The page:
Abbott v Costello

Abbott was a straight man. The heavy. The ladies’ man. And he couldn’t take the pressure. In the end, he would become irate when Lou shouted his name at him to get his attention. Somehow he made it work. For him.

Moana Wheeza

Hey, Abbot… Hey, Abbot…

Then Abbott began viciously slapping Lou in the face for saying his name over and over. Lou said Abbo… —slap, Abbo…— slap —repeatedly until Lou was winded and Abbot’s inner rage was appeased. It shouldn’t have been like this. They were like brothers. Or something. Lived in the same flop house. They were having an argument about Betty Grabble. Betty! Both men were just batty about her. And for some reason they had repeated run-ins with America’s sweetheart, confounding all.

But do not bring up baseball to them. They are fans but they don’t understand the strange nicknames the players have these days such as Who or What, or Ida Know.

And the whole thing made many a vaudevillian angry, as the bit had been community property. But now it was identified only with Bud and Lou, who had not originated it, though with it they had made it. Big. That was the curse of radio and film. The question of just who was on first.

“Please don’t hit me anymore Abbot,” said Lou. It was an abusive relationship. It would never fly today. People would not stand for it. And if they did stand, they wouldn’t clap. Certainly. And if they clapped they wouldn’t laugh. Unless everyone else did. In that case all bets were off. Societal pressure.

Buy War Bonds, won’t you?

What’s in a name? Everything.

‪Bonnie & Clyde. They put her name first. It has a better ring to it. And because they were ahead of their time. ‬

‪Ringling Brothers Barnum & Bailey. The position of these names was chosen in a street brawl.‬ A goof off.

‪Abbott and Costello. Abbott had a gun. He was a straight man. The heavy.‬ The ladies’ man. And he couldn’t take the pressure. In the end, he would become irate when you shouted his own name at him to get his attention. Somehow he made it work. For him.

Slice of life

What is the relationship between being the judge of a pie baking contest, and the age old tradition of hiring on a food taster for royals with low approval ratings?

“It is a shame,” said the Queen to the jester, “for in addition to alerting me to potential poison, my taster would tell me which was good and which was bad. Indeed. Even which was the best. Two things in case of Tie!”

Then the queen laughed. Because the jester did something which invoked the response. However, neither of them considered how social roles would change inevitably through Time: how that which once invoked amusement would eventually become old hat, then unintelligible. The role of the jester would change. The role of the royal taster. Even the role of the queen herself, for anyone could be a queen, if but for a day, though the Powers would not be what they were.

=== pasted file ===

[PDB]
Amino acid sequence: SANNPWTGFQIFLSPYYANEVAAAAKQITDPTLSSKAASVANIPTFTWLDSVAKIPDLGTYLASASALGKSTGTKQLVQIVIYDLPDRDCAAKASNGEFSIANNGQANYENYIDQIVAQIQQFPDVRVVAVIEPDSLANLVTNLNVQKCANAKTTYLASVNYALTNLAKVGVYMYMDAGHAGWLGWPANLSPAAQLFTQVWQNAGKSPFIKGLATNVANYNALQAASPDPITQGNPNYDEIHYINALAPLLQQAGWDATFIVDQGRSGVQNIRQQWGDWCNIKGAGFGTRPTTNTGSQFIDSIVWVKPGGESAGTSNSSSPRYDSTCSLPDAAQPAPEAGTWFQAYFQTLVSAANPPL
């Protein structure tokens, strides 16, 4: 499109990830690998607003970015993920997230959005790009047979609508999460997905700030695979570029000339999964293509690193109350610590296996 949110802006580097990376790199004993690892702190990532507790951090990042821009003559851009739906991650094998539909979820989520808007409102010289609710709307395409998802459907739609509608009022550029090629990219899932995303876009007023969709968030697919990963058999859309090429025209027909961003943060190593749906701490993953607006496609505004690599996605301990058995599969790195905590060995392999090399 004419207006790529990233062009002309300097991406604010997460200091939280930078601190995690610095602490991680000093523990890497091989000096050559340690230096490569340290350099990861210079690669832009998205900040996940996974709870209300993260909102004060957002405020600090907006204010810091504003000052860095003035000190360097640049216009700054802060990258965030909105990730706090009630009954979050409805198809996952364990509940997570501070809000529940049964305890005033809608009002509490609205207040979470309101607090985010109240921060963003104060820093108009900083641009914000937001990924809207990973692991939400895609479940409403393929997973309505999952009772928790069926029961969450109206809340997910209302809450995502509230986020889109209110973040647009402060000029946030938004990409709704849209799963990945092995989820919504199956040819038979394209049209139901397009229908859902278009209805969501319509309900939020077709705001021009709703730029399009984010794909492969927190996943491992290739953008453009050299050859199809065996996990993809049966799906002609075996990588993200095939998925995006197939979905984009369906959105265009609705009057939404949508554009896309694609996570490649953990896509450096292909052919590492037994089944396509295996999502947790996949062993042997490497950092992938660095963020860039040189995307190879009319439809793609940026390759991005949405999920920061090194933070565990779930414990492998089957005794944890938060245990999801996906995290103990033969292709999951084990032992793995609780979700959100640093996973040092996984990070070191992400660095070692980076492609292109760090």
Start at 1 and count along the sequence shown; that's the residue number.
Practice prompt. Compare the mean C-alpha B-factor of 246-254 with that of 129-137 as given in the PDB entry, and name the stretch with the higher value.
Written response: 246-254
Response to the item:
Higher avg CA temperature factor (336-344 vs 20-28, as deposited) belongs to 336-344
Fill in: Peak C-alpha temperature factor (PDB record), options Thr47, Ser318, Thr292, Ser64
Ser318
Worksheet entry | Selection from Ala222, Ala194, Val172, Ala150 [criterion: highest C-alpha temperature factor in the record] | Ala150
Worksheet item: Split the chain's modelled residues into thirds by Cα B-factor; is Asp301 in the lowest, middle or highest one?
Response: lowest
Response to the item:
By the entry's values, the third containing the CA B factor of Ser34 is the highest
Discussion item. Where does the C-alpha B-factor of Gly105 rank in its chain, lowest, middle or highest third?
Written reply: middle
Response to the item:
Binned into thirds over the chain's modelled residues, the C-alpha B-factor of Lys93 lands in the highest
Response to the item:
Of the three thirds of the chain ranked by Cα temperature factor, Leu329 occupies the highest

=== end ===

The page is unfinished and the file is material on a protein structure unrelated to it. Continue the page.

A Taste of Justice by John Reed

John Reed

A Taste of Justice

Published: The Masses, April, 1913  | via John Reed Internet Archive

As soon as the dark sets in, young girls begin to pass that Corner—squat figured, hard-faced “cheap” girls, like dusty little birds wrapped too tightly in their feathers. They come up Irving Place from Fourteenth Street, turn back toward Union Square on Sixteenth, stroll down Fifteenth (passing the Corner again) to Third Avenue, and so around—always drawn back to the Corner. By some mysterious magnetism, the Corner of Fifteenth Street and Irving Place fascinates them. Perhaps that particular spot means Adventure, or Fortune, or even Love. How did it come to have such significance? The men know that this is so; at night each shadow in the vicinity contains its derby hat, and a few bold spirits even stand in the full glare of the are-light. Brushing against them, luring with their swaying hips, whispering from immovable lips the shocking little intimacies that Business has borrowed from Love, the girls pass.

The place has its inevitable Cop. He follows the same general beat as the girls do, but at a slower, more majestic pace. It is his job to pretend that no such thing exists. This he does by keeping the girls perpetually walking—to create the illusion that they’re going somewhere. Society allows vice no rest. If women stood still, what would become of us all? When the Cop appears on the Corner, the women who are lingering there scatter like a shoal of fish; and until he moves on, they wait in the dark side streets. Suppose he caught one? “The Island for her! That’s the place they cut off girls’ hair!” But the policeman is a good sport. He employs no treachery, simply stands a moment, proudly twirling his club, and then moves down toward Fourteenth Street. It gives him an immense satisfaction to see the girls scatter.